As a result, Mehrunnisa became a widow and moved back to the imperial zenana under Ruqayya Begum’s shelter who was now a ‘Dowager Empress:’ a status she had acquired after Akbar’s death. It was then, in a chance encounter, that Jahangir reunited with Mehrunnisa in the streets of Mina Bazaar and soon made her his twentieth and last wife, conferring on her the title of Nur Jahan [‘Light of the World’]. It was a marriage for love and not for forging political alliances. Mehrunnisa was thirty-four at that time [‘old by traditional marriage standards’] and also a widow [whose re-marriage was a contentious issue]. So, it was natural for her to be subjected to much ridicule. Yet, she was unfettered and clear in her resolve. She affirmed her position not only as a supportive wife, but also as an able advisor and clever administrator. Nur Jahan was often lambasted publicly for her repertoire of remarkable ‘governance-related’ manoeuvres as they represented the fact that a woman had ‘crossed the limits set by society.’ In fact, Mahabat Khan [Jahangir’s statesman whom Nur Jahan had tactically transferred to Bengal from the Mughal capital at Lahore] captured Jahangir and separated him from Nur Jahan for he was infuriated and rankled by her supremacy and competence as a ‘shadow ruler.’

It is important for us [history enthusiasts] to remember that Jahangir’s determination to involve her in critical political deliberations was not mere ‘tokenism,’ but rather an appreciation for her vast intellect, wisdom, and knowledge on multifarious subjects. It was her astuteness that enabled her to leave an indelible imprint on the fabric of diplomacy, which is aptly represented in the way she pitched the Britishers against the Portuguese. One could argue that the ‘Non-Aligned Movement’ pioneered by India’s first Prime Minister Jawaharlal Nehru in the 20th century, which is extant in today’s foreign policy architecture, was, in fact, inspired by Nur Jahan’s diplomatic stratagems.

The caustic criticisms against her power, abundantly found in historical texts, arise from the inability to position her on an equal level as a man in terms of cerebral prowess and sheer charisma. She is often described [in the said sources] as a ‘sorceress’ who performed ‘black magic’ to captivate Jahangir and ‘have him in her clutches.’

As readers, we need to actively acknowledge the patriarchal framework in which these historical accounts were written. Only then will we be able to debunk these documents and view the brilliance of Nur Jahan — the unconventional and powerful Empress — with a sensitive lens.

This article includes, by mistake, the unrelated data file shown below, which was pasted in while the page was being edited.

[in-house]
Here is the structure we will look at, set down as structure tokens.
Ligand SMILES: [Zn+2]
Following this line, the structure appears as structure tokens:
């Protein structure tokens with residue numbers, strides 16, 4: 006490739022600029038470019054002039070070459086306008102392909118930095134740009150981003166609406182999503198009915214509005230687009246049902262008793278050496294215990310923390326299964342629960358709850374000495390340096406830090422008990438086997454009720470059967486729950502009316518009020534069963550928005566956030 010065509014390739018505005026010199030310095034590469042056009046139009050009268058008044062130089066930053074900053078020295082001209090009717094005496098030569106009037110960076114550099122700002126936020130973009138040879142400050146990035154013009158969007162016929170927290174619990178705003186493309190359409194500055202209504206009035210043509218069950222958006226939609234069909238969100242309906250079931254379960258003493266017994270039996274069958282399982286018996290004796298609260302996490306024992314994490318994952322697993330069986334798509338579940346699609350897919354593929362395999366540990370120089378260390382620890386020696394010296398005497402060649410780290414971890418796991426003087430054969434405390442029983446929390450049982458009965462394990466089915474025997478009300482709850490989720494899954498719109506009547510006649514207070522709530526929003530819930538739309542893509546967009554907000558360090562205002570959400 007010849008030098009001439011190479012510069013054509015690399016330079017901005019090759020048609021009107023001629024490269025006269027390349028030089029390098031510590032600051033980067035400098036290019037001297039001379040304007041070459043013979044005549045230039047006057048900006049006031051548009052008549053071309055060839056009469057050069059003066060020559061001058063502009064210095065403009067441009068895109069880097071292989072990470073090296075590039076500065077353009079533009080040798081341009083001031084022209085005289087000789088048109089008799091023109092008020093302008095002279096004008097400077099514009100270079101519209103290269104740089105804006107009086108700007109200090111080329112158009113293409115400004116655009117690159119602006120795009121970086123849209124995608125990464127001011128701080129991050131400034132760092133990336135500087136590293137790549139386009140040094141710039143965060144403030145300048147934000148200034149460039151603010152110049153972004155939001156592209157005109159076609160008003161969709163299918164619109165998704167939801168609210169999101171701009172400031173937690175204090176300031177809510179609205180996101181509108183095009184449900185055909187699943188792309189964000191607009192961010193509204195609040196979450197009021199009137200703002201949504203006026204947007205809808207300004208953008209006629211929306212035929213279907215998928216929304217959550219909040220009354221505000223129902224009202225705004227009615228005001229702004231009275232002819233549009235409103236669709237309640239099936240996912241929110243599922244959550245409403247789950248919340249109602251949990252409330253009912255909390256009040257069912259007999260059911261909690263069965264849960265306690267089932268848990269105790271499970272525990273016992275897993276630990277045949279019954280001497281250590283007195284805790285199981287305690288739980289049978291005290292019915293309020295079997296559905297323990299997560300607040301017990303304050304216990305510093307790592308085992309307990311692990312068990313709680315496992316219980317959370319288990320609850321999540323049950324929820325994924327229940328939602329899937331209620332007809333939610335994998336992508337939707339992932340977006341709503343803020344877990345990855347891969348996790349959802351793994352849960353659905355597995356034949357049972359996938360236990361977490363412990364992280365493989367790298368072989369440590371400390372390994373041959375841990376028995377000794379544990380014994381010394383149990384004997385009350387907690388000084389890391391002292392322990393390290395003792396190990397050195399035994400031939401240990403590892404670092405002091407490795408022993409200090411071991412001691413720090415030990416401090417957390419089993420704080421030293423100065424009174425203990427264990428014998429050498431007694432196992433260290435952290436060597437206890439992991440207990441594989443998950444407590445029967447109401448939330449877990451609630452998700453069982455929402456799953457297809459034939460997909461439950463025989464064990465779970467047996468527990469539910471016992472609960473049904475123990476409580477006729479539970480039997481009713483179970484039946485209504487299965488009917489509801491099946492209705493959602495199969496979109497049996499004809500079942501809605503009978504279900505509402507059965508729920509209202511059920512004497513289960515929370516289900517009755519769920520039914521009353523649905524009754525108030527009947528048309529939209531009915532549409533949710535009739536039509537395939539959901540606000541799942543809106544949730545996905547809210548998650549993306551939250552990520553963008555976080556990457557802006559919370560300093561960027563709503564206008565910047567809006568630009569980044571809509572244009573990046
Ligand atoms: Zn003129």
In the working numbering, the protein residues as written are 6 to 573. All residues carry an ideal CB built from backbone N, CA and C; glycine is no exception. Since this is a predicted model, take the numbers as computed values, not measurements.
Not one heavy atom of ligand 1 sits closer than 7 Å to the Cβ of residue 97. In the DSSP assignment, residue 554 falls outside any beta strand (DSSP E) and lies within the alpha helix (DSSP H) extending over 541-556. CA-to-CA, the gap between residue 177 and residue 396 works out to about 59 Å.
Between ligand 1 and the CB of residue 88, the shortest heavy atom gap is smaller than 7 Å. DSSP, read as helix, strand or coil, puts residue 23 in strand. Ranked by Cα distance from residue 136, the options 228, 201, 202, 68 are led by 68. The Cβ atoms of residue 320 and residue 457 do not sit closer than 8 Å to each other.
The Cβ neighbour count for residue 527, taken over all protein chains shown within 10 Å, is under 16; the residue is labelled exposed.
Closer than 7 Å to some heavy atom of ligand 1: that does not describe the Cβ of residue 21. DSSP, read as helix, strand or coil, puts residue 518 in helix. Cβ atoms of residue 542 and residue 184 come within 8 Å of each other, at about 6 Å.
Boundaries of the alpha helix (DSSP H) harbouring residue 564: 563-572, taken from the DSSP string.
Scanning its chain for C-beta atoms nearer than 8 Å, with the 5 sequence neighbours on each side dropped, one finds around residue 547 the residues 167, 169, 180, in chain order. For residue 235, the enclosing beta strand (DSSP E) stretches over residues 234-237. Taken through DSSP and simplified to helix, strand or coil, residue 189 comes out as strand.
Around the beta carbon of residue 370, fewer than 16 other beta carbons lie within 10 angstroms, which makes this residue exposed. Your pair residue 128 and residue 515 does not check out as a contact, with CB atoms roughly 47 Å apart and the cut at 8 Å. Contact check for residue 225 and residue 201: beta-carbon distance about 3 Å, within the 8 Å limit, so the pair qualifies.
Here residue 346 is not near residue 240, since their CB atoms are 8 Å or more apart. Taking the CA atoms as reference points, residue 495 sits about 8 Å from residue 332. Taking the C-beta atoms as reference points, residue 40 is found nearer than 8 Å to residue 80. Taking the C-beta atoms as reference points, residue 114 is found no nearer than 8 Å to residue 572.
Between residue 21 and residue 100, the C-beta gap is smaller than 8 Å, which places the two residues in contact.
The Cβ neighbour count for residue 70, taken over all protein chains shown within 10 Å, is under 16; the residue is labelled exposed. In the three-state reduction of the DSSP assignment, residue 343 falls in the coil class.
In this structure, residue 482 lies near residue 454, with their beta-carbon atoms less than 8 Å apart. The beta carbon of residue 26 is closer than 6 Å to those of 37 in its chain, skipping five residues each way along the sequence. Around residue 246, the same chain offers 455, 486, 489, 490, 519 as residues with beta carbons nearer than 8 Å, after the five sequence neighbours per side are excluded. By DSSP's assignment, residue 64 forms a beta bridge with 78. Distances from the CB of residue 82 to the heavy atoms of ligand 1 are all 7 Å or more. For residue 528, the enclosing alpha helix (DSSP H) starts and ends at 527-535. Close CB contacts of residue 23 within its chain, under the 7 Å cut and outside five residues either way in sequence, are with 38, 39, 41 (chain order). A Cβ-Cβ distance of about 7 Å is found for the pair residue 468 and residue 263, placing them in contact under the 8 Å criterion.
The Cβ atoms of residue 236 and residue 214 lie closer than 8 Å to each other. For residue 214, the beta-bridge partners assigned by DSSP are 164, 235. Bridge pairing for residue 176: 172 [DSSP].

Princess Jahanara was by her mother Mumtaz Mahal’s side when she died, giving birth to her fourteenth child. Mumtaz Mahal was Shah Jahan’s confidant and had been a ‘source of solace’ to him during his arduous years in exile in the Deccan, while he was rebelling against his father, Jahangir. Although Mumtaz Mahal was docile and submissive, unlike her fiercely ‘dominating’ aunt Nur Jahan, she stood as a resolute pillar of support in the gruelling years of Shah Jahan’s life. Therefore, her death brought immense grief to Shah Jahan who subsequently observed strict mourning for two long years during which he aged immensely.

This untimely crisis impelled Jahanara, the eldest daughter who was barely seventeen years old at that time, to undertake immense responsibility. She ensconced herself as the ‘Padshah Begum’ in her father’s imperial zenana [a title conventionally reserved for the Emperor’s most influential wife] and deftly managed all matters concerning the harem. However, her authority in the zenana and over her father’s monarchical decisions came at a huge personal cost: she had to subdue her personal desire to be a ‘loving-wife’ to forever being a ‘doting-daughter.’

Jahanara stood firmly by her father’s side till his last breath as a ‘prisoner’ in the Agra fort. She dispassionately witnessed the blood-wars that her brothers waged against each other and how Aurangzeb’s excessive zeal and machinations worked in his favour. In spite of these tumultuous events, she sustained her resilience and strived to maintain social order in a state of dystopia.

If it were not for these women, among many others whose names have faded into oblivion with the passage of time, the Mughal Empire would have disintegrated before its time in history.

[Nur Jahan. Illustration, Courtesy: Asian Review of Books]